Securities regulators fined Knight Capital Americas LLC $12 million for the trading malfunction that roiled the U.S. stock market in August 2012, saying the firm ignored dozens of error messages before its computers bombarded exchanges with millions of unintended orders.
Knight, which in July joined with Getco LLC to form KCG Holdings Inc. after losing more than $460 million because of the error, agreed to settle charges stemming from mistakes made on Aug. 1, 2012, according to a statement today from the U.S. Securities and Exchange Commission. The regulator said Knight violated the SEC’s market access rule, instituted in 2010 to prevent these kinds of trading missteps.
The administrative order outlining the settlement painted Knight not as a victim of computers gone haywire, but as a firm that failed to test its systems adequately or prepare for potential breakdowns. Knight’s mistakes led to it making more than 4 million trades in response to only 212 orders from investors, for a total of 397 million shares changing hands. That prompted the losses that brought Knight to its knees.
“Knight’s system of risk management controls and supervisory procedures was not reasonably designed to manage the risk of its market access,” the SEC said in the order released today. “Knight’s internal reviews were inadequate, its annual CEO certification for 2012 was defective, and its written description of its risk management controls was insufficient.”
The SEC found that Jersey City, New Jersey-based Knight didn’t have adequate safeguards, didn’t act on error messages, and didn’t have guidelines for responding to such issues. The mistakes were the result of human, not computer, errors, said Daniel Hawke, chief of the SEC Division of Enforcement’s Market Abuse Unit.
The SEC sees a distinction between “calling something a glitch that is inevitable in many technology systems and applications versus something that is about failure to adopt controls that are reasonably designed to manage the risks associated, in this case, with market access,” Hawke said during a conference call today with reporters.
Knight’s system generated 97 e-mails alerting staff to problems before the markets opened on Aug. 1, 2012, the SEC said. These notifications were not acted upon by employees of the broker-dealer, according to the regulator.
“Although Knight Capital did not design these messages to be system alerts, they provided an opportunity to identify and fix the problem before the markets opened,” the SEC said.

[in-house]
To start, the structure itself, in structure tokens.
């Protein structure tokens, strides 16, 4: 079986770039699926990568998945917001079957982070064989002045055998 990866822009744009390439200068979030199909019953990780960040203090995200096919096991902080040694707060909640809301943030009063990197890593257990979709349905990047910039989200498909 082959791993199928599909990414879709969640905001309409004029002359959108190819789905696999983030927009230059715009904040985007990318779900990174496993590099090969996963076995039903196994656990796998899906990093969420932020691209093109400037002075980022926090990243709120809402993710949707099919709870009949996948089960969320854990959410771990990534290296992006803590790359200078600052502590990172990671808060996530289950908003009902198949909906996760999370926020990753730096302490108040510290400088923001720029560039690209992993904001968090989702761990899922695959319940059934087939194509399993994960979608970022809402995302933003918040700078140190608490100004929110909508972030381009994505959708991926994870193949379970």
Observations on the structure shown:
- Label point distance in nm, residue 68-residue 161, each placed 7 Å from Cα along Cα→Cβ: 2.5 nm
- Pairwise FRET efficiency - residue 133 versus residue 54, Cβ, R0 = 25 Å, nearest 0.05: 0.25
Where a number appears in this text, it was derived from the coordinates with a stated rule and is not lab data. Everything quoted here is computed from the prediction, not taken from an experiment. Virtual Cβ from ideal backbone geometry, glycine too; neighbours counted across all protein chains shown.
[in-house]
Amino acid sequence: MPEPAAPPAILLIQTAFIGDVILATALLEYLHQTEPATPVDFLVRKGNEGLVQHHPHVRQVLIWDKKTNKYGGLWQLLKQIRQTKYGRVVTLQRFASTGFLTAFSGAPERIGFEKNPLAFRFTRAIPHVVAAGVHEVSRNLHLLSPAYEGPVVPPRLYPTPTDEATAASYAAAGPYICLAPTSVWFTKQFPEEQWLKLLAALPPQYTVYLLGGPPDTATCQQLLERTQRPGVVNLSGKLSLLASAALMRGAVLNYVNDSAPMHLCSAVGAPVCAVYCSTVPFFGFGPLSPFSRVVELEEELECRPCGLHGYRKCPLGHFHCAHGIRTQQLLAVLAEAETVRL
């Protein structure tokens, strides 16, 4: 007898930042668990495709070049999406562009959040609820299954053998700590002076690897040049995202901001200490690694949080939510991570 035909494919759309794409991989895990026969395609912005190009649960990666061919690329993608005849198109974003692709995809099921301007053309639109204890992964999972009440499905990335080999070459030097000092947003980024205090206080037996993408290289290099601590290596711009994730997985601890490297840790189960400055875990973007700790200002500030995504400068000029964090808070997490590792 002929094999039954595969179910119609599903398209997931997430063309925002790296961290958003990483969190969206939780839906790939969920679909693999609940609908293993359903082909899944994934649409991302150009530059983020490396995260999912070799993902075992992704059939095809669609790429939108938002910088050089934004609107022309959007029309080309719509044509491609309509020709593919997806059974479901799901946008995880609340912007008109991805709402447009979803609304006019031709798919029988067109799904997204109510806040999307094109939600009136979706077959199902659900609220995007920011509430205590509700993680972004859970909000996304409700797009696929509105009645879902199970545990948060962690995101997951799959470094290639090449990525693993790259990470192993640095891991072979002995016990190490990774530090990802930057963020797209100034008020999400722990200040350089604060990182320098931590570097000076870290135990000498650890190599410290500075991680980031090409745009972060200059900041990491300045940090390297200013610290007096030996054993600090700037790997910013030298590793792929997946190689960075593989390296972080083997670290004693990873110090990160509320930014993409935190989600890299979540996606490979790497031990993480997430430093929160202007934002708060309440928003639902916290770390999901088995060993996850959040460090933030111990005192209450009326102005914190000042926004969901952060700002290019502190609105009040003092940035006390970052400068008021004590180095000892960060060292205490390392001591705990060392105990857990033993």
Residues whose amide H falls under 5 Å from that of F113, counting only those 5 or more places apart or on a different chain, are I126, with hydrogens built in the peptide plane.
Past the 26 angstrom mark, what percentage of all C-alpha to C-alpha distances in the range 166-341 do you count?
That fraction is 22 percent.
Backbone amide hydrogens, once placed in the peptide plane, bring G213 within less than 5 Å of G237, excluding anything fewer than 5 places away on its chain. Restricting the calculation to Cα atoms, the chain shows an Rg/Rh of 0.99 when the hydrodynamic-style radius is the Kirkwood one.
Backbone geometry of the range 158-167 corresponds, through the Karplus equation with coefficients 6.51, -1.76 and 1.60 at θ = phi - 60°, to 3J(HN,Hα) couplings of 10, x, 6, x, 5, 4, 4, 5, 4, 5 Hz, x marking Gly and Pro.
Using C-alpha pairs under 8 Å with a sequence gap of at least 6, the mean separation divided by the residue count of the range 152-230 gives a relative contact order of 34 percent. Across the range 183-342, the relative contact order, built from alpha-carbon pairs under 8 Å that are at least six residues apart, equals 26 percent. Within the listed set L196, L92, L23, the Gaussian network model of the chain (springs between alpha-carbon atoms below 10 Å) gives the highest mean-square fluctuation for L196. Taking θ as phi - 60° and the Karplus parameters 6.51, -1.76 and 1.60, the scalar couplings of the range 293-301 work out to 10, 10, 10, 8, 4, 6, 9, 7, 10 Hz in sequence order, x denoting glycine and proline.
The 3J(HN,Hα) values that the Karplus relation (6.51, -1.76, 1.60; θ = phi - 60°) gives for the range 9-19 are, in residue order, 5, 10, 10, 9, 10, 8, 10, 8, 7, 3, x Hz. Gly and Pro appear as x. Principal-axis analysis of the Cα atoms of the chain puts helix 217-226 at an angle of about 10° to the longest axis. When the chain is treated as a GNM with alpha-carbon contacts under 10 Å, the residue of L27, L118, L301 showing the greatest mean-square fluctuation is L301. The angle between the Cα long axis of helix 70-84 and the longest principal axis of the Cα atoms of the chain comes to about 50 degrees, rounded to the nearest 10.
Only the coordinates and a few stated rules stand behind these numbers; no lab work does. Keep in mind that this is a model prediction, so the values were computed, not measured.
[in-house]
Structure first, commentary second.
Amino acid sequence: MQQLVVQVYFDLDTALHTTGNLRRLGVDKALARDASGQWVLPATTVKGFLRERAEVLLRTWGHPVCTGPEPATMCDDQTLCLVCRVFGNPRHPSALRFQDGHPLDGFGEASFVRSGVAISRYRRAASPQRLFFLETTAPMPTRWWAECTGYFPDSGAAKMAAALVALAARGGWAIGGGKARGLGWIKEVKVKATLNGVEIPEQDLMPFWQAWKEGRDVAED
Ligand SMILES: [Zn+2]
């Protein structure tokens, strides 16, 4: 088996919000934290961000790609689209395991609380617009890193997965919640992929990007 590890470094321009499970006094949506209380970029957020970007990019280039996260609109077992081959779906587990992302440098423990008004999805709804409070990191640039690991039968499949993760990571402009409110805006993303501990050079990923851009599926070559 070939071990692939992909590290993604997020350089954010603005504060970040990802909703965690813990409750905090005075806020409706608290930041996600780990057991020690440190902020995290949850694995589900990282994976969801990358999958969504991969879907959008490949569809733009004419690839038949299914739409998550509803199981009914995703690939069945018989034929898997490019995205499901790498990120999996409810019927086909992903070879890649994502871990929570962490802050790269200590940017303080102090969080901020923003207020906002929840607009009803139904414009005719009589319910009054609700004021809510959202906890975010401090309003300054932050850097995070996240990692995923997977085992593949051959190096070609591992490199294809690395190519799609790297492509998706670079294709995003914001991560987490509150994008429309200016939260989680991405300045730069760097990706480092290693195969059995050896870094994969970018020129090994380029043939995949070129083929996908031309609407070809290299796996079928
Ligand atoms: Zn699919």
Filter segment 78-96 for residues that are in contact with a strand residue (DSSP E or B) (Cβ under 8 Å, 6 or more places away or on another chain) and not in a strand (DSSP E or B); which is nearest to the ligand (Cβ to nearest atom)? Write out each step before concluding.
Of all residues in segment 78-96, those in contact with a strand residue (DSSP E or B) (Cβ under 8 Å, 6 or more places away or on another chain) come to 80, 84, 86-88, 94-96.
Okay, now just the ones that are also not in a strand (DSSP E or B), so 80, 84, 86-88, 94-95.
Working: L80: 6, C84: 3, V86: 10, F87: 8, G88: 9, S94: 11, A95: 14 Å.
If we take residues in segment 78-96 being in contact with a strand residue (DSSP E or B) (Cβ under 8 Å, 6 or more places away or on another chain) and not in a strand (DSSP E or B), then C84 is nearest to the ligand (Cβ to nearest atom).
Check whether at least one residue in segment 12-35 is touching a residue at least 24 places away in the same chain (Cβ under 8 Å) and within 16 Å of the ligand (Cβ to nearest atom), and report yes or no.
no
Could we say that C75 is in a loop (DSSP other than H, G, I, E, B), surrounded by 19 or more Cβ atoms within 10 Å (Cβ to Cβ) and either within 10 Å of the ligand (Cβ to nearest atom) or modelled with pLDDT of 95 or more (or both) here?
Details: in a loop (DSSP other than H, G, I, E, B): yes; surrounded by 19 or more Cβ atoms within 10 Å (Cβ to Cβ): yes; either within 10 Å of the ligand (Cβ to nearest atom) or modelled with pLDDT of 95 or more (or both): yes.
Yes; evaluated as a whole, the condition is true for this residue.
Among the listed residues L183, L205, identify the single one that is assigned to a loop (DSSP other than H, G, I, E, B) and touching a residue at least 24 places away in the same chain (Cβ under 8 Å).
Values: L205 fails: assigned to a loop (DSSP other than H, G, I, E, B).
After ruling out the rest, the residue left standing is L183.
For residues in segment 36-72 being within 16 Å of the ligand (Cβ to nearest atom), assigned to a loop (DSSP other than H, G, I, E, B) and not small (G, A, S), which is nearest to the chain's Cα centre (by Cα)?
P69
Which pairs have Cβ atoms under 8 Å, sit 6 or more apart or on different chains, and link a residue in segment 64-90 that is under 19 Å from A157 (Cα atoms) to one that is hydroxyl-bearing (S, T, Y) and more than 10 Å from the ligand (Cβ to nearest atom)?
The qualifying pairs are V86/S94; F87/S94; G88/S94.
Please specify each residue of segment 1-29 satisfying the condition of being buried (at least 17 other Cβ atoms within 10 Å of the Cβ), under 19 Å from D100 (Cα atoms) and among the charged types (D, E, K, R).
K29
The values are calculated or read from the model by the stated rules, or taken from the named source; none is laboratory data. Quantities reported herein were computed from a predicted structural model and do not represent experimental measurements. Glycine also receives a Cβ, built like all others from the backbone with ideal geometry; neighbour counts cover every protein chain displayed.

Knight’s losses required it to seek emergency financing and ultimately merge with Getco.
“Given the rapid pace of trading in today’s markets and the potential massive impact of control breakdowns, broker-dealers must be held to the high standards of compliance necessary for the safe and orderly operation of the markets,” Andrew Ceresney, co-director of the SEC’s Division of Enforcement, said in the statement announcing the settlement.
“We are pleased to put the events that occurred at Knight Capital on Aug. 1, 2012, behind us,” Sophie Sohn, a KCG spokeswoman, said in an e-mail. “KCG is a new company formed from the transformational merger between Knight and Getco earlier this year. KCG is committed to employing best-in-class risk management processes.”
In a client letter seen by Bloomberg News, KCG outlined the changes it has made to address some of the shortcomings highlighted by the SEC. The firm now has a 24-hour risk management center with staff from all its units, automated alerts, stronger testing and certification to ensure it complies with market access rules, and a chief risk officer, KCG Chief Executive Officer Daniel Coleman told clients in the message.
“We have developed and implemented a layered system of automated controls to monitor trading at numerous junctures within the system and automatically shut down trading activity at predetermined thresholds,” he wrote.
While today’s action is the SEC’s first under the market access rule, it will be an important area of enforcement in the future, Ceresney told reporters during today’s conference call.
“Investors should know that we will enforce the market access rule vigorously,” he said. “Companies must have controls in place to guard against mistakes and the consequences of such mistakes.”